Returning to homeland, Vietnamese Americans make their mark

A trickle of Vietnamese returnees from U.S. make mark in business world

Twenty-seven years ago, Lam Ton was living his American dream.

A former interpreter at the U.S. Embassy in Saigon, Vietnam, Ton was a can-do Chicago restaurateur who helped revive a declining neighborhood. He was also making a trailblazing return — chronicled by a local TV crew — to the country where, in 1974, his infant son in his arms, he tearfully boarded an evacuating helicopter atop the embassy roof.

Today, Ton pursues his dreams for Vietnam, long after trouble, anger and violence drove him from Chicago.

Forty years after the fall of Saigon — the anniversary is Thursday — Ton’s story scratches at a scar that is still tender for many Vietnamese who were on opposing sides of what people here call “the American War.” The U.S. and Vietnam normalized diplomatic relations 20 years ago, but many older Vietnamese here and those who fled to America still regard one another as enemies.

The hostility persists in a shared, tragic history. Today, more than 3.5 million people with Vietnamese ancestry live in the United States. The first evacuees, such as Ton, created a community that grew with the later arrival of “boat refugees” who escaped South Vietnam in the early years of communist rule. Since 2000, more than 335,000 Vietnamese have immigrated to the U.S. An additional 16,500 Vietnamese are in America on student visas.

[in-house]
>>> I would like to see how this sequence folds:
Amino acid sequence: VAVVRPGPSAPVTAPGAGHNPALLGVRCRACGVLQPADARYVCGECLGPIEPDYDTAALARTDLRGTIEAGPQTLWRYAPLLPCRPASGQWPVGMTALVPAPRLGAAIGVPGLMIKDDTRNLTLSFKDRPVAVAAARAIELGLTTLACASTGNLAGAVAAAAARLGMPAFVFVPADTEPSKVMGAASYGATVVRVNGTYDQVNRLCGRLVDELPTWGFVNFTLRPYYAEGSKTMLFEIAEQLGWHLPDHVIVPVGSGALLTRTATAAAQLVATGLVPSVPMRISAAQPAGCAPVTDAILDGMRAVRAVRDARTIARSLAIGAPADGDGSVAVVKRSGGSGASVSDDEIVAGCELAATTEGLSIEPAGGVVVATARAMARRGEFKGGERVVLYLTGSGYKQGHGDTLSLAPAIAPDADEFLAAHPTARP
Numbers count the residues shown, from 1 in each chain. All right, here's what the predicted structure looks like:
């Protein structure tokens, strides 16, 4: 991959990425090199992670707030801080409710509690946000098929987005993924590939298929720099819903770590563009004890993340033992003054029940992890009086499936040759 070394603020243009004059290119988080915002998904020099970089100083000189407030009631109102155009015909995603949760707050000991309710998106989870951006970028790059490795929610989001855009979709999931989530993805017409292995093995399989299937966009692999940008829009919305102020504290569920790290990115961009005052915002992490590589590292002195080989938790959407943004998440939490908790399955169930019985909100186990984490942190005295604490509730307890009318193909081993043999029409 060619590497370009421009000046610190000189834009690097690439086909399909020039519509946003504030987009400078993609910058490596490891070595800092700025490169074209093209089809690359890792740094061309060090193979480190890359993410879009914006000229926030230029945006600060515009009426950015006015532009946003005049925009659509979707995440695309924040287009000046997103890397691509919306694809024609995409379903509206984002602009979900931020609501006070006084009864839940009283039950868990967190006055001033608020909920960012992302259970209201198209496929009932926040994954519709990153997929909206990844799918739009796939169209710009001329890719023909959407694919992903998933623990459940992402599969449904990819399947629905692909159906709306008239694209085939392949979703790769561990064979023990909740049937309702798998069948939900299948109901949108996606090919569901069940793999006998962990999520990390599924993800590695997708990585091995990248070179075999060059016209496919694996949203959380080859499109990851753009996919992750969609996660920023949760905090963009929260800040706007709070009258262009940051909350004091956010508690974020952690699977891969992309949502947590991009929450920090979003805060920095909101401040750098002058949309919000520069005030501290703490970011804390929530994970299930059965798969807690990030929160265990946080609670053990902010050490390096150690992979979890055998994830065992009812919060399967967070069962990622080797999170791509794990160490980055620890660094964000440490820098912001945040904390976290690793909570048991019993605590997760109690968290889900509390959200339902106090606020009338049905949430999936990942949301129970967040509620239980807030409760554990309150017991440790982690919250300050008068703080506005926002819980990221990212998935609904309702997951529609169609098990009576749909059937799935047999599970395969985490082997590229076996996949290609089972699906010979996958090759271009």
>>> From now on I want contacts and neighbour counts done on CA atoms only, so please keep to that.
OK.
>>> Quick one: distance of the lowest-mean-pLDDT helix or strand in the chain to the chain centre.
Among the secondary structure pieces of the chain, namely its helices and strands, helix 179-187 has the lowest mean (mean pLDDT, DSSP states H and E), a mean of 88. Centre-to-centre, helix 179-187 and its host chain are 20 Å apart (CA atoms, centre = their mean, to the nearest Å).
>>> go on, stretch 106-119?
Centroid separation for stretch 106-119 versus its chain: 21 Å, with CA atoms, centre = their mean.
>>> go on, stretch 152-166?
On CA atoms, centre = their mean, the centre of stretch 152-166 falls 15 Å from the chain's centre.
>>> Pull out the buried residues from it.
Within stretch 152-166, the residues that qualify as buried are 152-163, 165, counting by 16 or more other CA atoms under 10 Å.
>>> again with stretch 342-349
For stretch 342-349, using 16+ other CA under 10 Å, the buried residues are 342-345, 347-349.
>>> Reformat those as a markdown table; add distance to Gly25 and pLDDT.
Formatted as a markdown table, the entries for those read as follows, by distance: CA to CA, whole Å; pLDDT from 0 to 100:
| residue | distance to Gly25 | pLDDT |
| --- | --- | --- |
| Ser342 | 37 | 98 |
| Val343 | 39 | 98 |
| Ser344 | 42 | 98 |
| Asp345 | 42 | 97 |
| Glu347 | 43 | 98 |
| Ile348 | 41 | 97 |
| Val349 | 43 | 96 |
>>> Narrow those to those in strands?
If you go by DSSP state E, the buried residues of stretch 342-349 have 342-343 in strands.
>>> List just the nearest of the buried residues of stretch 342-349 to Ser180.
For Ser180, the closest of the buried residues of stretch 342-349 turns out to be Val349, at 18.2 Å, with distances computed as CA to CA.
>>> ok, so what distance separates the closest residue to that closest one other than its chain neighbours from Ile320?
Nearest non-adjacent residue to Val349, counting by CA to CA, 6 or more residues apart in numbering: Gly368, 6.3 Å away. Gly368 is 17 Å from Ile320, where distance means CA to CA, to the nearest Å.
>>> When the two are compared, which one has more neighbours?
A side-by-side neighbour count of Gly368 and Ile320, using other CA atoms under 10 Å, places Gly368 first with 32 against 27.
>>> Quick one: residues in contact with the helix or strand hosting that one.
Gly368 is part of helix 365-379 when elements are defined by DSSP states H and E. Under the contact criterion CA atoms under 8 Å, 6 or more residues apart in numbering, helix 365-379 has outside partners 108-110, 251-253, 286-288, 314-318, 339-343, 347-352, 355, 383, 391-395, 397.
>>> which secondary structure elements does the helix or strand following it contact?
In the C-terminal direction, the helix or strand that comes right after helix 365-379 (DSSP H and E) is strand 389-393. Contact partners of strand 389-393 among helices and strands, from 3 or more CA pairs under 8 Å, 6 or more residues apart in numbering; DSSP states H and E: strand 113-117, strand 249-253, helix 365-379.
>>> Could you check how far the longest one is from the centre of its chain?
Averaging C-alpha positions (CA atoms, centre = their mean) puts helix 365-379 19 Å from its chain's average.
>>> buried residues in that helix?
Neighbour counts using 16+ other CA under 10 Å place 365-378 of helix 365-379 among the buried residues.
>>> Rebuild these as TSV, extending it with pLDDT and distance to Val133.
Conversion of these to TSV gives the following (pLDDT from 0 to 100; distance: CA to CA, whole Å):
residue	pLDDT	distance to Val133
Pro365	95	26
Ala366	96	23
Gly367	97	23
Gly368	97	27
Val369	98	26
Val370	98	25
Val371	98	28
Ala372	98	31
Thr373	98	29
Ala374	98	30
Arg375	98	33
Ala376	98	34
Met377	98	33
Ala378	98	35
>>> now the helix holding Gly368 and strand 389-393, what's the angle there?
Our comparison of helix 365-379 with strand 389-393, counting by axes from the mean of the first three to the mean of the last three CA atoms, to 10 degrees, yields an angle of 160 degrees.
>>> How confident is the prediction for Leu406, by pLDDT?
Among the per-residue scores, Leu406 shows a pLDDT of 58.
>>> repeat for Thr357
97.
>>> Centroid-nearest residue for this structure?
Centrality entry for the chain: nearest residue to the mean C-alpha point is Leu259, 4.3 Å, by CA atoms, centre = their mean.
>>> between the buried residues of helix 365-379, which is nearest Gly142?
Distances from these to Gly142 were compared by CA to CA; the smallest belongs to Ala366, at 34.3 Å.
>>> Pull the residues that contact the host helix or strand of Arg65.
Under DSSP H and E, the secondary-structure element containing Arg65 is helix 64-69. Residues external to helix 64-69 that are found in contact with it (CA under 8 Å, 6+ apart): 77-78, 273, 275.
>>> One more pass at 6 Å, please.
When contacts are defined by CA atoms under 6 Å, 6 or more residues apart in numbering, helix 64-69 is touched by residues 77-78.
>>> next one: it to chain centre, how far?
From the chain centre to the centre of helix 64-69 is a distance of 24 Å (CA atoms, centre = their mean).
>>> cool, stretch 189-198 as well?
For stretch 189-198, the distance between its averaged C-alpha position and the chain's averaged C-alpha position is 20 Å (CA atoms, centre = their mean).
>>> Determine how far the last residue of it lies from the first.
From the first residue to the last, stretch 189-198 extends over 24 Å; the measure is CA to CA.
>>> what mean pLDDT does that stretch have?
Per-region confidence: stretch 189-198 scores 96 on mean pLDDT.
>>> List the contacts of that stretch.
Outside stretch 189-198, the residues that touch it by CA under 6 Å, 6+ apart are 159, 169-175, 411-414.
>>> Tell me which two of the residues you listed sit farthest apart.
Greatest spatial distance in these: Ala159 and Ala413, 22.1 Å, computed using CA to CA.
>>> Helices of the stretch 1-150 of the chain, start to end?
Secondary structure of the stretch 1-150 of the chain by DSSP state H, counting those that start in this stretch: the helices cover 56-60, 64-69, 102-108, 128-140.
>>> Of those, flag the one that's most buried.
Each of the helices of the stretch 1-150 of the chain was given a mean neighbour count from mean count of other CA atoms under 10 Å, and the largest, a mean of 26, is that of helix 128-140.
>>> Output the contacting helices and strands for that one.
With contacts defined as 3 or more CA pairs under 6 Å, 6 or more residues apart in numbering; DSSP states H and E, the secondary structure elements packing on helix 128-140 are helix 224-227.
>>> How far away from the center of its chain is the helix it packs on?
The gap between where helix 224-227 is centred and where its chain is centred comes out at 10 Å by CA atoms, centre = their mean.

The reverse migration of American Viet kieu, or “overseas Vietnamese,” to the homeland is far smaller. Official data is sketchy at best. Bloomberg News recently cited a Communist Party website asserting that from 2004 to June 2013 about 3,000 overseas Vietnamese returned from the U.S. and other countries to permanently live in Ho Chi Minh City, formerly Saigon, and an additional 9,000 were granted long-term residential permits for work and investment there.

In comparison, about 35,000 Vietnamese immigrants are claimed as alumni by Advance Beauty College in Orange County, founded by a former South Vietnamese military officer. (The skills the immigrants learned have helped them open and work in salons across America, earning money that contributes to some of the $12 billion in remittances that Vietnam receives from its global diaspora.)

Back in their ancestral land, several returning Vietnamese and some who shuttle between the two countries have made a significant mark.